Secrets of a soldier’s grave
- Credit: Archant
A history project to research the names on a Finsbury Park church war memorial has led to the grave of a Great War soldier in Highgate Cemetery.
A history project to research the names on a Finsbury Park church war memorial has led to a grave in Highgate Cemetery. Members of St Mellitus’ Catholic Church undertook the project to mark the restoration of their magnificent Hunter organ, installed in 1920 in memory of 46 parishioners who fell in the Great War. Journalist David Norton chose to research his namesake Arthur Norton, tracking down the family to Islington and Crouch Hill where he lived with his Canadian wife before signing up to the Royal Flying Corps. Help came from Dr Ian Dungavell of the Friends of Highgate Cemetery who during lockdown located the family gravestone where Arthur was buried in March 1917 aged 38. Intriguingly it had been cleaned - offering hope that they might locate a living descendant. Searching the archives, Norton was first sent on a wild goose chase by a “clerical red herring” that wrongly listed Arthur as Canadian. “It can be quite challenging,” said Norton who lives in Tollington Park on the same street as the church.
“I spent a week on his trail after heading off thinking he was a Canadian airman. The records showed two Arthur William Nortons, and it took a while to work out that they were the same man. It’s still a bit of a mystery what he did in the war. We know he was in Farnborough and died in hospital in Aldershot but not what he died of. I was lucky to speak to Ian at Highgate Cemetery and find the grave which was conclusive proof that this was our man. The fact that someone has cleaned the headstone suggests there may be a descendent out there and we would love to speak to them.” Arthur was born in Park Street Islington and grew up on Corbyn Street and Marriott Road before marrying at The New Court Congregational Church in 1913 - which became St Mellitus in the 1950s. Norton, who is now editing and collating the other histories on the memorial, was keen on the project “not just as a list of stories and heroic deeds but as a link to the present.” “Having a strong connection to the people who lived here strengthens our community. We hope to create a map of where all the soldiers lived. It’s poignant because four neighbours with a connection to the church - we don’t know if they knew each other - went off to war and ended up dying in the same place. They are buried in the same cemetery in France. It has really made me look again at my own street.” And it made him think about the traumatic partings of a century ago.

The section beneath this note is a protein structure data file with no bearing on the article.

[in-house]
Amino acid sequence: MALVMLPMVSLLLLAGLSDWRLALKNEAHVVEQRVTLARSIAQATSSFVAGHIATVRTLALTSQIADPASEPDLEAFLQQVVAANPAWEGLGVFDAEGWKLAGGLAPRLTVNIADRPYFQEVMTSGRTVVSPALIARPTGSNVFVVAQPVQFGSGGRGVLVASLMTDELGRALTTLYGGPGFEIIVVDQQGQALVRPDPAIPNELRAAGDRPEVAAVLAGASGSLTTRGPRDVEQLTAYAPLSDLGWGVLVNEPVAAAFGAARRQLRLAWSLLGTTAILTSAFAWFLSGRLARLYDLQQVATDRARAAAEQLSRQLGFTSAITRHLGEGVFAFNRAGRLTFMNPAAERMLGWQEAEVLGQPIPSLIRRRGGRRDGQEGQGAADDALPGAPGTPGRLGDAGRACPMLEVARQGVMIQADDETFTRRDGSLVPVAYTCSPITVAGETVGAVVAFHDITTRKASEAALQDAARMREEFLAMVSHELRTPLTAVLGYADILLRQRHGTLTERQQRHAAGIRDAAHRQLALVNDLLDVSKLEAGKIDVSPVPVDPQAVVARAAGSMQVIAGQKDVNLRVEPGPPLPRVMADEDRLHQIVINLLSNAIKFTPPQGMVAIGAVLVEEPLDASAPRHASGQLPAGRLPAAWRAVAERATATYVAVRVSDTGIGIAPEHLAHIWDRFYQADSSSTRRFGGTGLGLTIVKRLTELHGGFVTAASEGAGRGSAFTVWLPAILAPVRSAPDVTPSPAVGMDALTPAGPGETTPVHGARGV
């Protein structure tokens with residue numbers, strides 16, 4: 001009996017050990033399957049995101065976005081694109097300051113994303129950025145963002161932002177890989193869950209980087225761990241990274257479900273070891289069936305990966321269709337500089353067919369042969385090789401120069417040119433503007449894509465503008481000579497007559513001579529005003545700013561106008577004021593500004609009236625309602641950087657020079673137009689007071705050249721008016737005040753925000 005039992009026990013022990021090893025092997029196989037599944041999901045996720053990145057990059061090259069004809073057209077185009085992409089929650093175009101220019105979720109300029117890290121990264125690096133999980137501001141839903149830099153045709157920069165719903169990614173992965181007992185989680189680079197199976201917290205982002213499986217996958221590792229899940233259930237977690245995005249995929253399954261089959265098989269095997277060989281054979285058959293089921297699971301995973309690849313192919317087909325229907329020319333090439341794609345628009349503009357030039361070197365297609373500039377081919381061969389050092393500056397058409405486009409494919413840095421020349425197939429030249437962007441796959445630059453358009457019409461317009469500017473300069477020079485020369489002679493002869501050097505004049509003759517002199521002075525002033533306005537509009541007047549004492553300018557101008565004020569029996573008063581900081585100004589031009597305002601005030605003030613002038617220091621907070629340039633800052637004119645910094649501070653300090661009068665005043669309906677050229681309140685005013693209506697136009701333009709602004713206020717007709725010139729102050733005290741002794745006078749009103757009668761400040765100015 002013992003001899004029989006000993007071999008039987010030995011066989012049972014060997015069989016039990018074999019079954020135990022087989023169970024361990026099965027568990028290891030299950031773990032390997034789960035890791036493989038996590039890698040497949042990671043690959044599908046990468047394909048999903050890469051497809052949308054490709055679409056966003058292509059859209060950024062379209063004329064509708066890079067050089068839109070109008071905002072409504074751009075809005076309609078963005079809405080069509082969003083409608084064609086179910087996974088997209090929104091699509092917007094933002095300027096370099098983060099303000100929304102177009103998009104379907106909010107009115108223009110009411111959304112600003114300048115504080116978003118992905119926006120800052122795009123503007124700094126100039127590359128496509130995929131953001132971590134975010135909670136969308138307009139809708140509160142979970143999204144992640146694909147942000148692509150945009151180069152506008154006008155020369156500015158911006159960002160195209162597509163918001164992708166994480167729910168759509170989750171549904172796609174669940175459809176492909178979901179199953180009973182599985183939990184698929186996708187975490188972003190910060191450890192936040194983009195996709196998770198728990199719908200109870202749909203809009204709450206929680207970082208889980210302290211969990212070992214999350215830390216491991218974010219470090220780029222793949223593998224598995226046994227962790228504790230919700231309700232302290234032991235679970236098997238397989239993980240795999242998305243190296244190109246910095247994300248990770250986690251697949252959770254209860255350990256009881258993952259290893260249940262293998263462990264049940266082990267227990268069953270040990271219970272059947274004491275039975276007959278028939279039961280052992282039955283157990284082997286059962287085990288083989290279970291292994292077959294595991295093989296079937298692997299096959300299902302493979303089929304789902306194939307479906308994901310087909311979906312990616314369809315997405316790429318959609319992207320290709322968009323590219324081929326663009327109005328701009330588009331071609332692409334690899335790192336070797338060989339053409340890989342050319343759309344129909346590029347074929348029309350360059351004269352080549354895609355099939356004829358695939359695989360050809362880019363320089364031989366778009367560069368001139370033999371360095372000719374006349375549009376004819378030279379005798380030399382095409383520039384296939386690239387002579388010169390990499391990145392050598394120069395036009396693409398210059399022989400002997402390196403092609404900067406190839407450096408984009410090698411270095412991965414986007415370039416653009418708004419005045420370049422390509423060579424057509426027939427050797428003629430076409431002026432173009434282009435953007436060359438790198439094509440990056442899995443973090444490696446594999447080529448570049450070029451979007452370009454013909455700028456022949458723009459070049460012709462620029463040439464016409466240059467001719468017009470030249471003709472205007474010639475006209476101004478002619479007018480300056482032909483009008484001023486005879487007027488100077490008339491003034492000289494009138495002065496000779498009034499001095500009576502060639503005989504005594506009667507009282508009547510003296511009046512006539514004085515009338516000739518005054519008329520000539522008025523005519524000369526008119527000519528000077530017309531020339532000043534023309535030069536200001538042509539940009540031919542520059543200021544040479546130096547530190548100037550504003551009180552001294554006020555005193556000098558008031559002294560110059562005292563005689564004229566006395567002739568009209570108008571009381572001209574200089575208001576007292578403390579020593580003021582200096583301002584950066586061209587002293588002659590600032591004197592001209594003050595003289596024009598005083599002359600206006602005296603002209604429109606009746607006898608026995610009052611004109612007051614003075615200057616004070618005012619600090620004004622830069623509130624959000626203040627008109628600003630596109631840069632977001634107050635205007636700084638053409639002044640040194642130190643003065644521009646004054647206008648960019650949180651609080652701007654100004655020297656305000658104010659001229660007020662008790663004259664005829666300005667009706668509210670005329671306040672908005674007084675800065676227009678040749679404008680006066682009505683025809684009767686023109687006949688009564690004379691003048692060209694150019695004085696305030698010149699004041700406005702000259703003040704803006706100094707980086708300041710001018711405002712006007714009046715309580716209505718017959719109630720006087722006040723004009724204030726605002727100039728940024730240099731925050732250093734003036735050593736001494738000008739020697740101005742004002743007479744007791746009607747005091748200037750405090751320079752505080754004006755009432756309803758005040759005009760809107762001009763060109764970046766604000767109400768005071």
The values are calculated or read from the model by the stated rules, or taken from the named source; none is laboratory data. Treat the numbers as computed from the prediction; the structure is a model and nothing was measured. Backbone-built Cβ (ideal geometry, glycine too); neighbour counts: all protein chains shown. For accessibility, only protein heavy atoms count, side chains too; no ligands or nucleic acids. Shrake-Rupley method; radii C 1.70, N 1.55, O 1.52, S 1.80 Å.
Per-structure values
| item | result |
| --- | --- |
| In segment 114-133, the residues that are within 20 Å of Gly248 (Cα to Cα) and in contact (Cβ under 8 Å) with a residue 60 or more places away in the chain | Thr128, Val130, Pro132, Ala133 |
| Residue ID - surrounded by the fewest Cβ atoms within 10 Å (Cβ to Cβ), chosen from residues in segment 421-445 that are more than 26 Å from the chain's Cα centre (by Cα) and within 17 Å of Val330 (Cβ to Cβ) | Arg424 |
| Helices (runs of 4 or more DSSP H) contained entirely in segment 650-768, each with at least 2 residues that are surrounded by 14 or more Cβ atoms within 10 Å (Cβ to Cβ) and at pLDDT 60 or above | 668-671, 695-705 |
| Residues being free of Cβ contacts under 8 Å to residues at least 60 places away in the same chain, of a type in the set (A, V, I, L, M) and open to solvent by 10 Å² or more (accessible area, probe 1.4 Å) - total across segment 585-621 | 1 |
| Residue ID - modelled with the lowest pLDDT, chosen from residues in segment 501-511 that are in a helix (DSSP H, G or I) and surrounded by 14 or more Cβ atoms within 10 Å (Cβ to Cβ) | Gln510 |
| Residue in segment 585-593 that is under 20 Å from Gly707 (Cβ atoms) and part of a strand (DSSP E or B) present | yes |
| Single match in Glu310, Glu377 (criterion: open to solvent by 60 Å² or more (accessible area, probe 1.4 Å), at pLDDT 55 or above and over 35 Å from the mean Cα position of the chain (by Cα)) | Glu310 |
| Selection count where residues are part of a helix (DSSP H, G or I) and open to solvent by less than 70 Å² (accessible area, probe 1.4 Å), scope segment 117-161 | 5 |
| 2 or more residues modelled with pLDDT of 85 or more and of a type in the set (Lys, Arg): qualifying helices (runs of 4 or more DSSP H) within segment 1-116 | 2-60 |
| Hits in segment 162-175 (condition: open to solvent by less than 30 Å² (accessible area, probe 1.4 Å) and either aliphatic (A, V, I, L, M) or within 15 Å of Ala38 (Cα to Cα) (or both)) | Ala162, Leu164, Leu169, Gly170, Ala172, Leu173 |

“Those poor soldiers often have a generic description ‘presumed dead’ or ‘died of their wounds’ and it’s unimaginable that 100 years ago their loved ones had to live with not knowing what had happened to them. Some stories are heartbreaking, of people trying to get information about their relatives. One man from Finsbury Park went to Australia and had a girlfriend. He came back to fight in the war and for two or three years after he died she wrote to the authorities to try and find details because she hadn’t heard from him and his family had no idea she existed.” The National Lottery funded Organ Restoration Project continues into 2021 but in the meantime St Mellitus is live streaming a free festive concert to mark the organ’s centenary on December 13 performed by James Orford, Organist in Residence at Westminster Cathedral.